Halle Bailey – with her huge eyes, soaring singing voice and palpable purity of spirit – is about as naturally Disneyfied as real human beings get. So it’s ironic that her casting as the titular Ariel was ever thought controversial. Bailey is both the finished film’s only unmitigated triumph and the best argument for this whole live action remake enterprise in one shimmering mermaidcore package. If these films are to have any purpose beyond being nostalgia-powered cash-ins, it must be to allow all children – not just the white ones – to see themselves as Magic Kingdom denizens.
But almost everything else about this flops about like a dying fish on deck. Most significantly this applies to the trio of comic-relief characters: Sebastian the crab, Flounder the fish and Scuttle the seabird. This is no fault of the talented voice cast: Daveed Diggs, Jacob Tremblay and Awkwafina, respectively. It’s just that things that are cute or funny when done by an anthropomorphised cartoon cuddlies are no longer cute or funny when done by computer-generated sea-life approximates with no recognisable facial expressions. Whole sequences of character interaction fondly remembered from its 1989 predecessor – Scuttle’s instructions on how to use a human “dinglehopper”, Flounder fleeing a shark attack – are rendered lifeless by CGI. And you’d be lucky to make much of it out through the murk of the underwater cinematography anyway.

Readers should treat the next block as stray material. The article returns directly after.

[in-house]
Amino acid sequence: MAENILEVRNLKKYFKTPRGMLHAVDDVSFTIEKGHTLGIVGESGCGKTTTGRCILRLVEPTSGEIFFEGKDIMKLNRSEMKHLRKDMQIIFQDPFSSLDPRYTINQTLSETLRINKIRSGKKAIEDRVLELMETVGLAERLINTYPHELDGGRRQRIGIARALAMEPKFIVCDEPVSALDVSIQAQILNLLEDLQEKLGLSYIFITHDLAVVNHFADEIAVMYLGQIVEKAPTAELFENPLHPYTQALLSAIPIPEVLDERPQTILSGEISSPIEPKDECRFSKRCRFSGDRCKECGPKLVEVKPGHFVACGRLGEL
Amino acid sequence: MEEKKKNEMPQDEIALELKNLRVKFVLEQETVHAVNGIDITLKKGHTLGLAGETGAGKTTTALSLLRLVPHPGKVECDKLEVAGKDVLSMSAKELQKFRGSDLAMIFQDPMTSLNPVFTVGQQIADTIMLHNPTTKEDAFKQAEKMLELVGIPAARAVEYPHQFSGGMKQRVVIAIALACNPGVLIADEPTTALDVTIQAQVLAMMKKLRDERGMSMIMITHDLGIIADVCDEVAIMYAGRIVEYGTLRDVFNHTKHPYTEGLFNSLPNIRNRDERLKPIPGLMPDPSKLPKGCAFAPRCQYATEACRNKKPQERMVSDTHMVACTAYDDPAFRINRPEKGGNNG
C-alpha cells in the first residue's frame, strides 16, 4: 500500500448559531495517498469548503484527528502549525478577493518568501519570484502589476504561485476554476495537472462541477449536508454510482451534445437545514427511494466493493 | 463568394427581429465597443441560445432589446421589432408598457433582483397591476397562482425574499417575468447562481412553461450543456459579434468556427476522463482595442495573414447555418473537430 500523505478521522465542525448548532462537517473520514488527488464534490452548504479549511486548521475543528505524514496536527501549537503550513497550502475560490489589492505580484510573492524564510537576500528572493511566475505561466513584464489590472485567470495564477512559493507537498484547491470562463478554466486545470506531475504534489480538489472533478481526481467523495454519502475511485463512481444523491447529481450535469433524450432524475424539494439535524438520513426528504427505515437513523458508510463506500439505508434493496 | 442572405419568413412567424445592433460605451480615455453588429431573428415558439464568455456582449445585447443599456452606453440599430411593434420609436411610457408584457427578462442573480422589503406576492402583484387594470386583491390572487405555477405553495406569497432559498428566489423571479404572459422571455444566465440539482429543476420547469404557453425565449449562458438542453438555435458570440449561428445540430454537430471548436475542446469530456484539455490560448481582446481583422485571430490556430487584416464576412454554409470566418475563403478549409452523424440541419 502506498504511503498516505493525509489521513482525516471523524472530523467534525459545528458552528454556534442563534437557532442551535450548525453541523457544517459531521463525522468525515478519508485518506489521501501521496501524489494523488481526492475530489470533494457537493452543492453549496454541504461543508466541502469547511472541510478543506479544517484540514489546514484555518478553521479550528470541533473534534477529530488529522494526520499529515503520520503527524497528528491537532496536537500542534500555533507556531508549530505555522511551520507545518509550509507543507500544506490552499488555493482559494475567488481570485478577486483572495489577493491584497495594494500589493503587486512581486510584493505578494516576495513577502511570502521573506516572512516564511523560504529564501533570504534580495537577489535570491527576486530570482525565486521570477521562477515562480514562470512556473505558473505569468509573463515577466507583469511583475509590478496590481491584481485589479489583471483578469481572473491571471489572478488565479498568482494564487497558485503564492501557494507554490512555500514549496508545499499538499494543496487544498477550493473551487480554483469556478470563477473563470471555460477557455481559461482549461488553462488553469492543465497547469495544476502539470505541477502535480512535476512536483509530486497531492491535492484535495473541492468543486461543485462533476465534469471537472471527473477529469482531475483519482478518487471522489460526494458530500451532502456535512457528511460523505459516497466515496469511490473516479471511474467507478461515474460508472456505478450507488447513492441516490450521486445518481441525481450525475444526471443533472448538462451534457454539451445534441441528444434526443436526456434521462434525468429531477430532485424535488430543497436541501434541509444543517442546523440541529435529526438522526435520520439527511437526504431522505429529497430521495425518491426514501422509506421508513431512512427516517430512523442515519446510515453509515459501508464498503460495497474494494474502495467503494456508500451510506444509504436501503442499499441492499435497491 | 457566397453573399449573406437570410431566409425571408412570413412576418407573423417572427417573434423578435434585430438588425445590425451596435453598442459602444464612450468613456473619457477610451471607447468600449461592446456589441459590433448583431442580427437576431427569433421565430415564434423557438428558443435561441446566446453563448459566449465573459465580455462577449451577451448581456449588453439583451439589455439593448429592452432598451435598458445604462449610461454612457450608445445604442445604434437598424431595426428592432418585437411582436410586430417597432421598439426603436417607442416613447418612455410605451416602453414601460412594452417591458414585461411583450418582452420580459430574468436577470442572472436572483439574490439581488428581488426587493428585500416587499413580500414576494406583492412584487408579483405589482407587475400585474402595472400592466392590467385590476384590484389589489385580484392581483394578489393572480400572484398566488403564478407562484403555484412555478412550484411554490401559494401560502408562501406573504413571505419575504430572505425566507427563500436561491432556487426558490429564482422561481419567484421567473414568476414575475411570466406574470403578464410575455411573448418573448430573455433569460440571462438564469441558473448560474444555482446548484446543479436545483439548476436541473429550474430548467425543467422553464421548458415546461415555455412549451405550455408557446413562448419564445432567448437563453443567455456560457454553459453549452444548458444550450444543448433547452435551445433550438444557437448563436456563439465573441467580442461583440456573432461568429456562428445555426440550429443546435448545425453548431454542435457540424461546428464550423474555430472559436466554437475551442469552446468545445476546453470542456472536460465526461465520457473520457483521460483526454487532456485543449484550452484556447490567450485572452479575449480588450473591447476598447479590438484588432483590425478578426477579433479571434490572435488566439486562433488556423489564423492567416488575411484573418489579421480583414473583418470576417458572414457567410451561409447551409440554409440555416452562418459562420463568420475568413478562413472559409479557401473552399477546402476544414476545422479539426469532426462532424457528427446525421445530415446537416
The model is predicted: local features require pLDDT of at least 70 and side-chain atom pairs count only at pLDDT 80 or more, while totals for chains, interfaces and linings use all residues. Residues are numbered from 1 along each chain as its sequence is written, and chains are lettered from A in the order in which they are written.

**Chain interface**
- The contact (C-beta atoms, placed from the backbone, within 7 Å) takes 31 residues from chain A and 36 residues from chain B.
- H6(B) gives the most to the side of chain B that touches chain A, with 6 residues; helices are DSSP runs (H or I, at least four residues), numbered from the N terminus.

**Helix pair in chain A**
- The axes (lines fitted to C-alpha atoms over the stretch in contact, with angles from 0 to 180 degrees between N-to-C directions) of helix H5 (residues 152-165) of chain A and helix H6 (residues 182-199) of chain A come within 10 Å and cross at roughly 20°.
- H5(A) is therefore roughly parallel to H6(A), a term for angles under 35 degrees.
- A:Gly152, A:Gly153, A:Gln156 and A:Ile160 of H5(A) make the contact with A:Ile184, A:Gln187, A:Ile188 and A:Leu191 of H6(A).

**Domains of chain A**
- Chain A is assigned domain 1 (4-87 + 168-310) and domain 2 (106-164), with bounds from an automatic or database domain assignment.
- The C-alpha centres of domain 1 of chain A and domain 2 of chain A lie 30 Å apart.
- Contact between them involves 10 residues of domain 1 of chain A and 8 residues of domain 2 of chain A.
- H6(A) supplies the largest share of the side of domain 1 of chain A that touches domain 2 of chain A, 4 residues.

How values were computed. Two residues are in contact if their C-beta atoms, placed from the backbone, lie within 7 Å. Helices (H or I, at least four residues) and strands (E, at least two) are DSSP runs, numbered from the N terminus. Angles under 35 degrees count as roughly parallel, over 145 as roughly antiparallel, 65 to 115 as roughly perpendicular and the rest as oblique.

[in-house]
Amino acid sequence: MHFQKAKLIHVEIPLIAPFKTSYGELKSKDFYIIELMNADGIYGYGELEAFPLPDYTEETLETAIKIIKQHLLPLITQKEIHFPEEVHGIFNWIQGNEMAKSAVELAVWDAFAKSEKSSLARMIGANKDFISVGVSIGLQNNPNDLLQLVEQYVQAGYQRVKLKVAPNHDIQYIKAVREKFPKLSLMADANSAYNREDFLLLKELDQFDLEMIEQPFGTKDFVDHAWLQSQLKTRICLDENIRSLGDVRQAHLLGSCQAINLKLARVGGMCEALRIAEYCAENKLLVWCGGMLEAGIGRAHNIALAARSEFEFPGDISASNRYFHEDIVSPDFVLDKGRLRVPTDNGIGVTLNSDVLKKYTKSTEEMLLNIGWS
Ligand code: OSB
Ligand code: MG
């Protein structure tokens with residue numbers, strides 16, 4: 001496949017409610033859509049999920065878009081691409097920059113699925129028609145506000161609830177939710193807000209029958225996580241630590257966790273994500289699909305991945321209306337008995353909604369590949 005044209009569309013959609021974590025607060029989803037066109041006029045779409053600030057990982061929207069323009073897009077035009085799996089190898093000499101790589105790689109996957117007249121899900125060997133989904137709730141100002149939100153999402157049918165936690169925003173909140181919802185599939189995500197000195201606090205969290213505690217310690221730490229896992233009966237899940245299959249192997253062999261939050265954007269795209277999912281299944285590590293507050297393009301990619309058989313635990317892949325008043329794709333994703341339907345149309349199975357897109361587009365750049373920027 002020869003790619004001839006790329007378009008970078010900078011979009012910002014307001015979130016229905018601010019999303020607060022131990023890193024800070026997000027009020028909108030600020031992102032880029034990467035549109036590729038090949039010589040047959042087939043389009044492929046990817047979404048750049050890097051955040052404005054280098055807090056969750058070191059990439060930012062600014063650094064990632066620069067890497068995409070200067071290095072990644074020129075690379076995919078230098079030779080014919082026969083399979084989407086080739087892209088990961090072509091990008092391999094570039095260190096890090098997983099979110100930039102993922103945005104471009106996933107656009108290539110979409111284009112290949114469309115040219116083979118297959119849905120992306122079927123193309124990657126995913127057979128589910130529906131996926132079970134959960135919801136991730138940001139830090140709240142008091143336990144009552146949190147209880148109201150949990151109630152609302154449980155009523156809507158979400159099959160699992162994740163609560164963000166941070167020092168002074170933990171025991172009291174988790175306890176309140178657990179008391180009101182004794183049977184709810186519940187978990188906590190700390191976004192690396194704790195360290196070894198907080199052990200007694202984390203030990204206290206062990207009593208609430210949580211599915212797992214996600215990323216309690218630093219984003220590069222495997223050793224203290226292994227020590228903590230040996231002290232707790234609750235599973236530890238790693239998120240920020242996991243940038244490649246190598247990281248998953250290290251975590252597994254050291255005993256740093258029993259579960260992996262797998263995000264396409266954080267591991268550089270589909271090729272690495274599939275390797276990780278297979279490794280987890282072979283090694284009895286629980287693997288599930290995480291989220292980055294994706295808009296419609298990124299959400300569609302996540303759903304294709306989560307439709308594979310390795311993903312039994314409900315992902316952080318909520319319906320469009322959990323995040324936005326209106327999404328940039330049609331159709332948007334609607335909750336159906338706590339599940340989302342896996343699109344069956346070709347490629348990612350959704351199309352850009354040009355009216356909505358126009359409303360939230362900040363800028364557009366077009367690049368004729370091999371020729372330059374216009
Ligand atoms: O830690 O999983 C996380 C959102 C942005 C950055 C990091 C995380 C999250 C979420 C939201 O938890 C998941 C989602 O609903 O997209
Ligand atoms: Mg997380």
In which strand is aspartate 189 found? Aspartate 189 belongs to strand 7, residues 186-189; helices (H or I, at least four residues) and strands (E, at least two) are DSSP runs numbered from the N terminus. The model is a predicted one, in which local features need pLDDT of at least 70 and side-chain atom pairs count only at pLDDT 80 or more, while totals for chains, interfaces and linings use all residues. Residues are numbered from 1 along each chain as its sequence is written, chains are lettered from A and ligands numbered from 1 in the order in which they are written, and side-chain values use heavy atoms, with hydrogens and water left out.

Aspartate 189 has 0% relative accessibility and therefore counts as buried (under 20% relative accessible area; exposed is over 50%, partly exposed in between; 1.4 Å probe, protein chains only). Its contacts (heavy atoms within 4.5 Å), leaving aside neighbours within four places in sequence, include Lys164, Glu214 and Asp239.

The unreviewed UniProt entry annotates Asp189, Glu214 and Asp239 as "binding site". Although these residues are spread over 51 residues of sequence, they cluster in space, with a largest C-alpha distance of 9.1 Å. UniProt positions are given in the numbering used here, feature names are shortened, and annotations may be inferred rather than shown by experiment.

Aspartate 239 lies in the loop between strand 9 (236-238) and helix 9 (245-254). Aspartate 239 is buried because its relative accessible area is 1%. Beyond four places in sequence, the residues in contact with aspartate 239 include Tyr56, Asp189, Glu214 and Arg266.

It hurts because The Little Mermaid, the original, is a true classic. Its song-and-dance numbers are among the best in the Disney canon, melding diverse influences from Harry Belafonte calypso to Esther William’s 1940s aquamusicals, with the wiggle of legendary drag queen Divine. These have been revived, with original composer Alan Menken drafted in alongside Lin-Manuel Miranda to produce new toe-tappers like The Scuttlebutt. Once again though, performances are fatally undermined by performers: the northern gannet is justly renowned for its diving abilities, but this seabird species simply cannot musically emote. Maybe it’s the beak.
The Little Mermaid doesn’t lack for talent or audience goodwill – director Rob Marshall did wonders with Mary Poppins Returns – but the siren call of supposedly surefire box office has sunk it nonetheless. There is dry land in sight though, and it’s the same outcrop on which the House of Mouse was built: the realisation that some stories – the most magical ones, in fact – are best told with animation.
• The Little Mermaid is released on 25 May in Australia, and on 26 May in the US and UK.